Category: Medicinal Plants

Nightshade, Peach and Money for Jam (Lesotho, Africa)

Peach blossoming in Lesotho Along roadsides, and in wild parts of the countryside and vacant lots here in Lesotho, many potential food plants can be found. These have been collected and eaten by people long before the start of agriculture, such as black nightshade (Solanum nigrum). Peach trees are very common on the Lesotho landscape, found around homes and in the field. In many cases they grow wild from people […]

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Food from Perennial(ising) Plants in Temperate Climate Australia, for May 2013

This is the late Autumn post for the ongoing research project about perennial plants and self-perpetuating annual plants providing food in temperate climate Australia. The original article introducing this project, stating its aims, and providing participant instructions, can be found here. Growers are sending me information on a month-by-month basis, then this information is collated and published the following month. All previous posts from this series can be found by […]

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Geoff Lawton’s Zaytuna Farm Video Tour – Part II

Zaytuna-Farm-Tour-2012

Last year I took some time out to make a Zaytuna Farm Video Tour for you all (embedded here, with lots of photos and text). The positive comments, both on our site and on YouTube, along with additional questions (see comments below this post), encouraged us to make another! This new video, above, shot 11-12 months after the original video, is twice as long and covers several aspects of the […]

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Food from Perennial(ising) Plants in Temperate Climate Australia, for April 2013

This is the mid-Autumn post for the ongoing research project about perennial plants and self-perpetuating annual plants providing food in temperate climate Australia. The original article introducing this project, stating its aims, and providing participant instructions, can be found here. Growers are sending me information on a month-by-month basis, then this information is collated and published the following month. All previous posts from this series can be found by clicking […]

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Food from Perennial(ising) Plants in Temperate Climate Australia for March 2013

This is the early Autumn post for the ongoing research project about perennial plants and self-perpetuating annual plants providing food in temperate climate Australia. The original article introducing this project, stating its aims, and providing participant instructions, can be found here. Growers are sending me information on a month-by-month basis, then this information is collated and published the following month. All previous posts from this series can be found by […]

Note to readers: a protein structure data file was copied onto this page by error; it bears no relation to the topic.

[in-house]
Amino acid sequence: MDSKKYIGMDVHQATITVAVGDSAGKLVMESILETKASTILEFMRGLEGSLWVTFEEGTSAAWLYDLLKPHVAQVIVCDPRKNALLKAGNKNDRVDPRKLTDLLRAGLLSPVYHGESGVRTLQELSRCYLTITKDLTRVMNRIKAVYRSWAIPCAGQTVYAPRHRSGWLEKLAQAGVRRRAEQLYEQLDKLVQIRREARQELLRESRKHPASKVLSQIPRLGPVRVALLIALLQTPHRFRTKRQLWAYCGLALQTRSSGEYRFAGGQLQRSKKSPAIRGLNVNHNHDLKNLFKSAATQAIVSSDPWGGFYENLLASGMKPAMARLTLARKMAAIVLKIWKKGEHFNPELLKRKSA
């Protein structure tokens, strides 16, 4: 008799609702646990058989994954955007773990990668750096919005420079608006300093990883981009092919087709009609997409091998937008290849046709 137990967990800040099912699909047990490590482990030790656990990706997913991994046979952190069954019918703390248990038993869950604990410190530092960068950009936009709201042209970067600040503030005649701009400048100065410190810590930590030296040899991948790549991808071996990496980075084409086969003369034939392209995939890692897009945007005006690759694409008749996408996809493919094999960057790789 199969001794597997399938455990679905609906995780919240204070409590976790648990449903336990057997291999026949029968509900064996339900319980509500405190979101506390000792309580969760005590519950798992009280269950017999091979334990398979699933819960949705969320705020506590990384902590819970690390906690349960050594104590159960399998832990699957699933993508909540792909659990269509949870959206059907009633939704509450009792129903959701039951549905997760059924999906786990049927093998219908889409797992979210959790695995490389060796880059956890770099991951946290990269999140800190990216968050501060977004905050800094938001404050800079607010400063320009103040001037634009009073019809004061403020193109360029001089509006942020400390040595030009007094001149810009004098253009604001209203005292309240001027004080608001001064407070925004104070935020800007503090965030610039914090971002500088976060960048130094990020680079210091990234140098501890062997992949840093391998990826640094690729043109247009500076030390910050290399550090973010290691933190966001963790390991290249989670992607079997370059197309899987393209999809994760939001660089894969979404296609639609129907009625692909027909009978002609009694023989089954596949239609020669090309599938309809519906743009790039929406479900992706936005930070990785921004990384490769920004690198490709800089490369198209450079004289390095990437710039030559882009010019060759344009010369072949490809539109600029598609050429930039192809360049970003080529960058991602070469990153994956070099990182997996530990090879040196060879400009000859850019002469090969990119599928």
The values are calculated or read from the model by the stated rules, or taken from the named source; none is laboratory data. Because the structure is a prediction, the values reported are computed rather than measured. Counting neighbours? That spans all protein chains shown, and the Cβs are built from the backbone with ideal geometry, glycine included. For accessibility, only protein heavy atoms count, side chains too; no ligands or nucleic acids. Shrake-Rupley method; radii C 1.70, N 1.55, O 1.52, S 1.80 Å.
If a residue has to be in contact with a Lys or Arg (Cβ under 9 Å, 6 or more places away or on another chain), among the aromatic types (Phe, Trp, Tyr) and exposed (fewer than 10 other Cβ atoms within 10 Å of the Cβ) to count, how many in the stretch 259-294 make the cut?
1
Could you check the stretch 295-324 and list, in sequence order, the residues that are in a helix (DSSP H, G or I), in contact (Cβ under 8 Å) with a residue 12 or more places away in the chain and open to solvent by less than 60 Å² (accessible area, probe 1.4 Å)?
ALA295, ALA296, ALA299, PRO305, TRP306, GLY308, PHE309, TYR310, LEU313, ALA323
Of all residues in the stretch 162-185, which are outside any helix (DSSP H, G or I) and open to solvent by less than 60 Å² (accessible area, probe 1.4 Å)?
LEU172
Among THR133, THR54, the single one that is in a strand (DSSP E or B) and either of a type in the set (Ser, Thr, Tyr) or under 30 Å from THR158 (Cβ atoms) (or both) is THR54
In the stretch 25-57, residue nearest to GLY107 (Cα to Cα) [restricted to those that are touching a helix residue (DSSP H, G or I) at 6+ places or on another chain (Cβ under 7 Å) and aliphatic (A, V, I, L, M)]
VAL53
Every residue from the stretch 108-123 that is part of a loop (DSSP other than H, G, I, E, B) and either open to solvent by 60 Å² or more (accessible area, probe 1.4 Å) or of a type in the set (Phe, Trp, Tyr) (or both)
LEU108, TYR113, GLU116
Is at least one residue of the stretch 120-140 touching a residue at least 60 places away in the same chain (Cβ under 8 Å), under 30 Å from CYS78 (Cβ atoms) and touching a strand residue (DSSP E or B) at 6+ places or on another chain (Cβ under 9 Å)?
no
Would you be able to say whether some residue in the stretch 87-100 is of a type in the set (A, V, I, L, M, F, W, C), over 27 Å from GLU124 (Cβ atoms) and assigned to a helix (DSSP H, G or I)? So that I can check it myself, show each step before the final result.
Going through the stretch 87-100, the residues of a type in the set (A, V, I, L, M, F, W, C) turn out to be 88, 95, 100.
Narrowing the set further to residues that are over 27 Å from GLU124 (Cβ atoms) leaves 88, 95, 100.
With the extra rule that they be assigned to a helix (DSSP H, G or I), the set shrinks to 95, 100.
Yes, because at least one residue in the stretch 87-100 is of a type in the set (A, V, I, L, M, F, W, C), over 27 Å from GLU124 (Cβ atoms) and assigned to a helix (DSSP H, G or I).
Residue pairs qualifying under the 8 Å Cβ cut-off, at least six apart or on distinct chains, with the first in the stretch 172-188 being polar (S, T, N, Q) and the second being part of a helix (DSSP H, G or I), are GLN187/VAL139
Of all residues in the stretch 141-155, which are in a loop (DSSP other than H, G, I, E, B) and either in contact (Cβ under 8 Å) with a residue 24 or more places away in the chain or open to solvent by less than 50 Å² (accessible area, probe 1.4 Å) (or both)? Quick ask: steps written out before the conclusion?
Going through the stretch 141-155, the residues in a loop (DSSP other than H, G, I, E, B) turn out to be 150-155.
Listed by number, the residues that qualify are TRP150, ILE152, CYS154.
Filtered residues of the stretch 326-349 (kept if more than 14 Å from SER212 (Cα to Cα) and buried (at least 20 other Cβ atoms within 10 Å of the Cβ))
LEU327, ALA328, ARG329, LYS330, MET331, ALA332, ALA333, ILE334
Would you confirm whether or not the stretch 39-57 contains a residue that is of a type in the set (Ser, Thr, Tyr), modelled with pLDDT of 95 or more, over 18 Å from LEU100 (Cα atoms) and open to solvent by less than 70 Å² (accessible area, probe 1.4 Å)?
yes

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Layers of Healing: Realizing the Power of the Ordinary Onion

They’re a staple in stews, a flavor in fried foods, and that ‘sting’ in salads. The sharp, savory taste and juicy crunch give them versatility in the kitchen cooked and uncooked — but they really deserve a place in your permaculture medicine cabinet. That’s right–the ordinary onion. I’d never have believed it either, but one day, in the agony of an ear infection, I read that an onion sliver could […]

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Food from Perennial(ising) Plants in Temperate Climate Australia, for January 2013

This is the mid-Summer post for the ongoing research project about perennial plants and self-perpetuating annual plants providing food in temperate climate Australia. The original article introducing this project, stating its aims, and providing participant instructions, can be found here. Growers are sending me information on a month-by-month basis, then this information is collated and published the following month. All previous posts from this series can be found by clicking […]

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Food from Perennial(ising) Plants in Temperate Climate Australia, for November 2012

This is the third monthly post for the research project about perennial plants and perennialising annual plants providing food in temperate climate Australia — we have now completed the posts for Spring 2012. The original article introducing this project, stating its aims, and providing participant instructions, can be found here. Growers are sending me information on a month-by-month basis, then this information is collated and published the following month. The […]

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